In Mark Timmons (ed.), Oxford Studies in Normative Ethics, Volume 3. Oxford University Press. pp. 260-286 (2013)

Howard Leo Nye
University of Alberta
The Doctrine of Double Effect [DDE] states roughly that it is harder to justify causing or allowing harm as a means to an end than it is to justify conduct that results in harm as a side effect. This chapter argues that a theory of deontological constraints on harming needs something like the DDE in order to avoid the charge that it reflects a narcissistic obsession with the cleanliness of our own hands. Unfortunately, the DDE is often interpreted as maintaining that we must avoid acting with certain intentions, which, this chapter contends, embodies an equally narcissistic obsession with the purity of our own hearts. The chapter argues that the DDE is better interpreted as a denial of the Machiavellian idea that beneficial ends justify harmful means. On this view, the objective fact that our conduct will secure benefits for some individuals at the expense of other individuals weakens the extent to which those benefits count as reasons to engage in that conduct. The chapter argues that this version of the DDE provides a plausible, non-narcissistic foundation for deontological constraints.
Keywords Double Effect  DDE  Deontology  Narcissism  Intention  Reasons  Objective  Benefit at Someone’s Expense  Weakening Considerations  Ends Justify Means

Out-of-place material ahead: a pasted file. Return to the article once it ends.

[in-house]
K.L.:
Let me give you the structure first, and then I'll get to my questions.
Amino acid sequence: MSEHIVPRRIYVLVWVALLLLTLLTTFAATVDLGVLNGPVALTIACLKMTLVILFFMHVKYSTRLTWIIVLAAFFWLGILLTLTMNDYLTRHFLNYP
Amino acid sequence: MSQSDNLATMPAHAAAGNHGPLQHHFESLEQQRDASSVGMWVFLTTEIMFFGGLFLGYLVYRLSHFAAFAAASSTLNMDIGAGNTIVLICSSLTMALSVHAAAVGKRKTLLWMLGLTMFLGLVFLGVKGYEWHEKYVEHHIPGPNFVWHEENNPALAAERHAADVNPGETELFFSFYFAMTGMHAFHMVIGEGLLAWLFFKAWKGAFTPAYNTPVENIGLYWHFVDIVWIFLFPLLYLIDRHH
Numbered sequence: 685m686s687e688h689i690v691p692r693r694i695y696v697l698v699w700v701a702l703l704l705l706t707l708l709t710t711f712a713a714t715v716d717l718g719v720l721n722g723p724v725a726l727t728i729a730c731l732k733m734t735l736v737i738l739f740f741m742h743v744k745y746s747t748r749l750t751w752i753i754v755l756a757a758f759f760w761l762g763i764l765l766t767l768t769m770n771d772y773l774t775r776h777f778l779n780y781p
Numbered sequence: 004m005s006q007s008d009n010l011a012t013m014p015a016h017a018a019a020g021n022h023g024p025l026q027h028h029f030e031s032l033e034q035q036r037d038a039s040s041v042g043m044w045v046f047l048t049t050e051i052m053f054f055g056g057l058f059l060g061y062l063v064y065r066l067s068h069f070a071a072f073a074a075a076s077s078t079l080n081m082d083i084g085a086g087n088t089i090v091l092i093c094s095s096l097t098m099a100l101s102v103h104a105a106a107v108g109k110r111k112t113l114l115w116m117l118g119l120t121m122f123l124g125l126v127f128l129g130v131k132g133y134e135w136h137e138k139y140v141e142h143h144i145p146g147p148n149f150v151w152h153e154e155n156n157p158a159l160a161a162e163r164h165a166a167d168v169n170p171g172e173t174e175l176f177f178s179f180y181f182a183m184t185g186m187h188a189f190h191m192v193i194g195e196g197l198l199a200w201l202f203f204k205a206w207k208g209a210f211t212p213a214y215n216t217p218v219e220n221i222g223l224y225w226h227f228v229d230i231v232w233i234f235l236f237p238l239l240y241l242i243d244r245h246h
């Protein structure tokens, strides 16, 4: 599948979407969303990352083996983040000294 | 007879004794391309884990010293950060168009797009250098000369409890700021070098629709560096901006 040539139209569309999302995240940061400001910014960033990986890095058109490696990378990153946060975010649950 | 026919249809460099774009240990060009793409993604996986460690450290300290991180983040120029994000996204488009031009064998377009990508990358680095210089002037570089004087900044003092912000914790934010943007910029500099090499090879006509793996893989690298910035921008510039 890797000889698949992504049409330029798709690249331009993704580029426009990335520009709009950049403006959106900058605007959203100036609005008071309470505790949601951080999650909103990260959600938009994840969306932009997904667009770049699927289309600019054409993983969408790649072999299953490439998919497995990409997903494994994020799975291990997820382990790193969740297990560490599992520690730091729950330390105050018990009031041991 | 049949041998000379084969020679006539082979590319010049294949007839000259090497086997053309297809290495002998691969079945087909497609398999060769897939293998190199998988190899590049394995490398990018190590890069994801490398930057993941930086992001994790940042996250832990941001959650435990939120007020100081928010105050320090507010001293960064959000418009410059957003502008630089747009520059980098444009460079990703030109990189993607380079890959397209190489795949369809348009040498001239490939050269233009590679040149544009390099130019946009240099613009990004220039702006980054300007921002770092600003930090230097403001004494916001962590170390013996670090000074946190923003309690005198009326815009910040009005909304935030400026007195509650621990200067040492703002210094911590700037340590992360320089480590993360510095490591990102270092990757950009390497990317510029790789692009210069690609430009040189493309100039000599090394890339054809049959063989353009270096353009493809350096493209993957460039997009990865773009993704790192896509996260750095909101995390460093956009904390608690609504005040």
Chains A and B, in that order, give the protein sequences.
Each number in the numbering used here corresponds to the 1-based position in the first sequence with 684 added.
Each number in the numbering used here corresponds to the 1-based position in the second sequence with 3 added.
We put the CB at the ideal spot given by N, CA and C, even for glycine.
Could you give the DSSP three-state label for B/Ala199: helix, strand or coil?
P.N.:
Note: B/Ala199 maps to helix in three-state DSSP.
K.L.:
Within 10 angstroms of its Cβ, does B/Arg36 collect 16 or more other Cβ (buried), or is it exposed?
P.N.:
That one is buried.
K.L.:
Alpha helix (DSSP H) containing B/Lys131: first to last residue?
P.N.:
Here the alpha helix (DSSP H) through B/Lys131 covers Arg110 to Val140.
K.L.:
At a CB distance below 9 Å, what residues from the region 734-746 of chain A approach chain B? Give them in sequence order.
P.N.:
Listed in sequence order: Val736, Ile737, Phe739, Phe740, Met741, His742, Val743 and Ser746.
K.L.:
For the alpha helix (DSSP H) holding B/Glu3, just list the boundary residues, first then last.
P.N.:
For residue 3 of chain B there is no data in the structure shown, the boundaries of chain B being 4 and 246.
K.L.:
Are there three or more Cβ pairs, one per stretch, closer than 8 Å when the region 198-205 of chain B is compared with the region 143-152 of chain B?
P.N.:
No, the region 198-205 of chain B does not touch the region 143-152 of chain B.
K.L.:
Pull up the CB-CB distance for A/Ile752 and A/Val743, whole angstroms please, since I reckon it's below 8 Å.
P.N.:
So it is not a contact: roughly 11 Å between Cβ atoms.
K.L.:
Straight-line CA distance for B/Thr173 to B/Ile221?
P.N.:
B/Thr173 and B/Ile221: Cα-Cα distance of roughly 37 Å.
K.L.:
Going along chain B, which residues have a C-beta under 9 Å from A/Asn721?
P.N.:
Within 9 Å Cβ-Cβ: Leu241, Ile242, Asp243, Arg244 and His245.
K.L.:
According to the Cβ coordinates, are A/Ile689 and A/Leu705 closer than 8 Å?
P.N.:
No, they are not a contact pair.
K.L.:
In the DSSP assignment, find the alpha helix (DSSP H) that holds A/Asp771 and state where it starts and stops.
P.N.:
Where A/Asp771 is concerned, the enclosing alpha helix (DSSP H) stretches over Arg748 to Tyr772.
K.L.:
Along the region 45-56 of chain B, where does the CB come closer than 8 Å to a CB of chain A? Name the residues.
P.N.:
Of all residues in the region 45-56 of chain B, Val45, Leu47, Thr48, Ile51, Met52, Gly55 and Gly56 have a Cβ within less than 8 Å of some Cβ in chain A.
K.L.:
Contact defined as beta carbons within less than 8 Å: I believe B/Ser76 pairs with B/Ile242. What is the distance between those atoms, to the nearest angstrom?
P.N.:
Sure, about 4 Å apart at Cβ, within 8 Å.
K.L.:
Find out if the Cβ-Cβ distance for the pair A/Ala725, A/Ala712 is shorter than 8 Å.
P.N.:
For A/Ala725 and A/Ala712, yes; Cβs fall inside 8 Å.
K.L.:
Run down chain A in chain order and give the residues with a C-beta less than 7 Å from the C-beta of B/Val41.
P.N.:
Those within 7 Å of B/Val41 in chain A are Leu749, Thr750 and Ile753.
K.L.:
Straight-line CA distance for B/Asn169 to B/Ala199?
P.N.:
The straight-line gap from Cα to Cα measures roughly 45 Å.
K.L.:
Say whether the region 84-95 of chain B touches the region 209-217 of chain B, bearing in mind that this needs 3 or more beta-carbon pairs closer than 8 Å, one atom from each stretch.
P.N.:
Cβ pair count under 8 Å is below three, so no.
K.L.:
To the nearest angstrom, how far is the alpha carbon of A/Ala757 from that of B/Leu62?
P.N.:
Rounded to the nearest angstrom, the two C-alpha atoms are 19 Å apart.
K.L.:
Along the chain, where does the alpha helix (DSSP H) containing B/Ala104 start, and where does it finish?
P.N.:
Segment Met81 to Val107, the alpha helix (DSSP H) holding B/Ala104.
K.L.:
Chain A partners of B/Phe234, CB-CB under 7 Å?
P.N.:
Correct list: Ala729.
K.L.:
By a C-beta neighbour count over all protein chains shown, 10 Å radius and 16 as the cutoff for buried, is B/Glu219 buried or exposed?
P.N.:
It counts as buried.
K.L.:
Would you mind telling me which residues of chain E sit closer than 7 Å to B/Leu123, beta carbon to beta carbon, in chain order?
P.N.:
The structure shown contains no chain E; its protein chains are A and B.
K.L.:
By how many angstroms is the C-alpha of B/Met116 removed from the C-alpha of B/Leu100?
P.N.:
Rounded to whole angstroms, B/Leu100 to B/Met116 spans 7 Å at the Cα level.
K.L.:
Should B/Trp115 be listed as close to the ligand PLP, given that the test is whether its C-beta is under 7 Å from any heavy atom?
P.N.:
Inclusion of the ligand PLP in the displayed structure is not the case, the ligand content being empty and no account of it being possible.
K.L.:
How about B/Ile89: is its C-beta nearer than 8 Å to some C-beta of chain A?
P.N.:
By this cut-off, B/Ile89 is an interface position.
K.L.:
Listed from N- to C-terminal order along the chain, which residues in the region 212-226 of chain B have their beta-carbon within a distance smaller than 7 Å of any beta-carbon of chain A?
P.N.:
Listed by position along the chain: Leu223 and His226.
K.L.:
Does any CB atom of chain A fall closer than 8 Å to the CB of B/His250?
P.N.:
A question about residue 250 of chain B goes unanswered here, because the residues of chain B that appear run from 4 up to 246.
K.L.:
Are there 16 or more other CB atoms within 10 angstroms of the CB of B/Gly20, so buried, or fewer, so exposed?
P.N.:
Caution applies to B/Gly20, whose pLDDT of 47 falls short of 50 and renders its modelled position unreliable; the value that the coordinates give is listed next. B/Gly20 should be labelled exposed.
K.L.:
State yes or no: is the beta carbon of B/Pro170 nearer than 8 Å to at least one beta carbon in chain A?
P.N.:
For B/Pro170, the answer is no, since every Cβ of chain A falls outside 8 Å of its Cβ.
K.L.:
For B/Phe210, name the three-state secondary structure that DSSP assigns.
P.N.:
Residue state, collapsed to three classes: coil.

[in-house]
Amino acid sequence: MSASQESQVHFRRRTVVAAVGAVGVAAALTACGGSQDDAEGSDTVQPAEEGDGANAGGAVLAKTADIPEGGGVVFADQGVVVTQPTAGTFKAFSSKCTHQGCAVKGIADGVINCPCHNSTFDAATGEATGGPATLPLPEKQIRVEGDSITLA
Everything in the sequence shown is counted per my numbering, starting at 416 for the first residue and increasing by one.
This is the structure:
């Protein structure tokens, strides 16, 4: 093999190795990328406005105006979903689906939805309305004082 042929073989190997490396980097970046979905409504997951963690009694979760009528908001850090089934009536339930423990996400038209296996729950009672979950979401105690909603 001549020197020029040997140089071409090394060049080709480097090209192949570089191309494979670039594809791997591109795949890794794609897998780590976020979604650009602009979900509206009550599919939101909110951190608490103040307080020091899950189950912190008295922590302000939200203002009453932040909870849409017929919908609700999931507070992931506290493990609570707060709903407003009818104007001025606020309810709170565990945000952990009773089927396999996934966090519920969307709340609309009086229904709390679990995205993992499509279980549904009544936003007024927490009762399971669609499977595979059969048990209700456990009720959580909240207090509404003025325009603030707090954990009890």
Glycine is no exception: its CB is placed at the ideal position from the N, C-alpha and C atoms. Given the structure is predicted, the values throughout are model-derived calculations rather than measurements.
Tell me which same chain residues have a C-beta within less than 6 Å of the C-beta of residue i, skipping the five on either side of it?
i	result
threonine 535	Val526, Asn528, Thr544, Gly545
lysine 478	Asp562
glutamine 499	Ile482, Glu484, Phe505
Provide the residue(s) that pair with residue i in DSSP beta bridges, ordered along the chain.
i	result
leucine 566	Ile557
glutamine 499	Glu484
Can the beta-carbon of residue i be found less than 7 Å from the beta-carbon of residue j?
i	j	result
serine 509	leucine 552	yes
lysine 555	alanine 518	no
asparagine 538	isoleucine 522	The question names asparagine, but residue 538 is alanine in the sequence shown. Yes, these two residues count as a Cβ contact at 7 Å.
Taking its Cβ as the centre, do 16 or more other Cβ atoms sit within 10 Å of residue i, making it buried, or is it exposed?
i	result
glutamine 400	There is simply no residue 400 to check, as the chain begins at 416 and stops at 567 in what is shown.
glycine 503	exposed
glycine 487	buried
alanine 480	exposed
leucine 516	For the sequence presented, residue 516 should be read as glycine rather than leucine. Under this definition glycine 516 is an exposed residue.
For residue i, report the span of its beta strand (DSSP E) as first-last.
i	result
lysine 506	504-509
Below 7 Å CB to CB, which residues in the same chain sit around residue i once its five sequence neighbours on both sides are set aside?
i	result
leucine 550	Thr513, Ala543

Categories (categorize this paper)
Buy the book Find it on
Edit this record
Mark as duplicate
Export citation
Find it on Scholar
Request removal from index
Revision history

Download options

PhilArchive copy

 PhilArchive page | Other versions
External links

Setup an account with your affiliations in order to access resources via your University's proxy server
Configure custom proxy (use this if your affiliation does not provide a proxy)
Through your library

References found in this work BETA

Ethics Without Principles.Jonathan Dancy - 2004 - Oxford University Press.
Moral Dimensions: Permissibility, Meaning, Blame.Thomas Scanlon - 2008 - Belknap Press of Harvard University Press.
Famine, Affluence, and Morality.Peter Singer - 1972 - Philosophy and Public Affairs 1 (3):229-243.

View all 28 references / Add more references

Citations of this work BETA

Intentions, Permissibility, and Choice.Anton Markoč - 2018 - Res Publica 24 (4):493-508.

Add more citations

Similar books and articles

A Problem for the Doctrine of Double Effect.Sophia Reibetanz - 1998 - Proceedings of the Aristotelian Society 98 (2):217–223.
Aristotle and Double Effect.Ezio Di Nucci - 2014 - Journal of Ancient Philosophy 8 (1):20.
The Danger of Double Effect.P. A. Reed - 2012 - Christian Bioethics 18 (3):287-300.
Who is Entitled to Double Effect?Joseph Boyle - 1991 - Journal of Medicine and Philosophy 16 (5):475-494.
Intention and Responsibility in Double Effect Cases.David K. Chan - 2000 - Ethical Theory and Moral Practice 3 (4):405-434.
Revising the Doctrine of Double Effect.Jeff McMahan - 1994 - Journal of Applied Philosophy 11 (2):201-212.
The Principle of Double Effect as a Guide for Medical Decision-Making.Georg Spielthenner - 2008 - Medicine, Health Care and Philosophy 11 (4):465-473.
Double Effect, Double Intention, and Asymmetric Warfare.Steven Lee - 2004 - Journal of Military Ethics 3 (3):233-251.
Defending Double Effect.Alison Hills - 2003 - Philosophical Studies 116 (2):133-152.
Intentions, Motives and the Doctrine of Double Effect.Lawrence Masek - 2010 - Philosophical Quarterly 60 (240):567-585.


Added to PP index

Total views
319 ( #30,083 of 2,461,934 )

Recent downloads (6 months)
59 ( #13,943 of 2,461,934 )

How can I increase my downloads?


My notes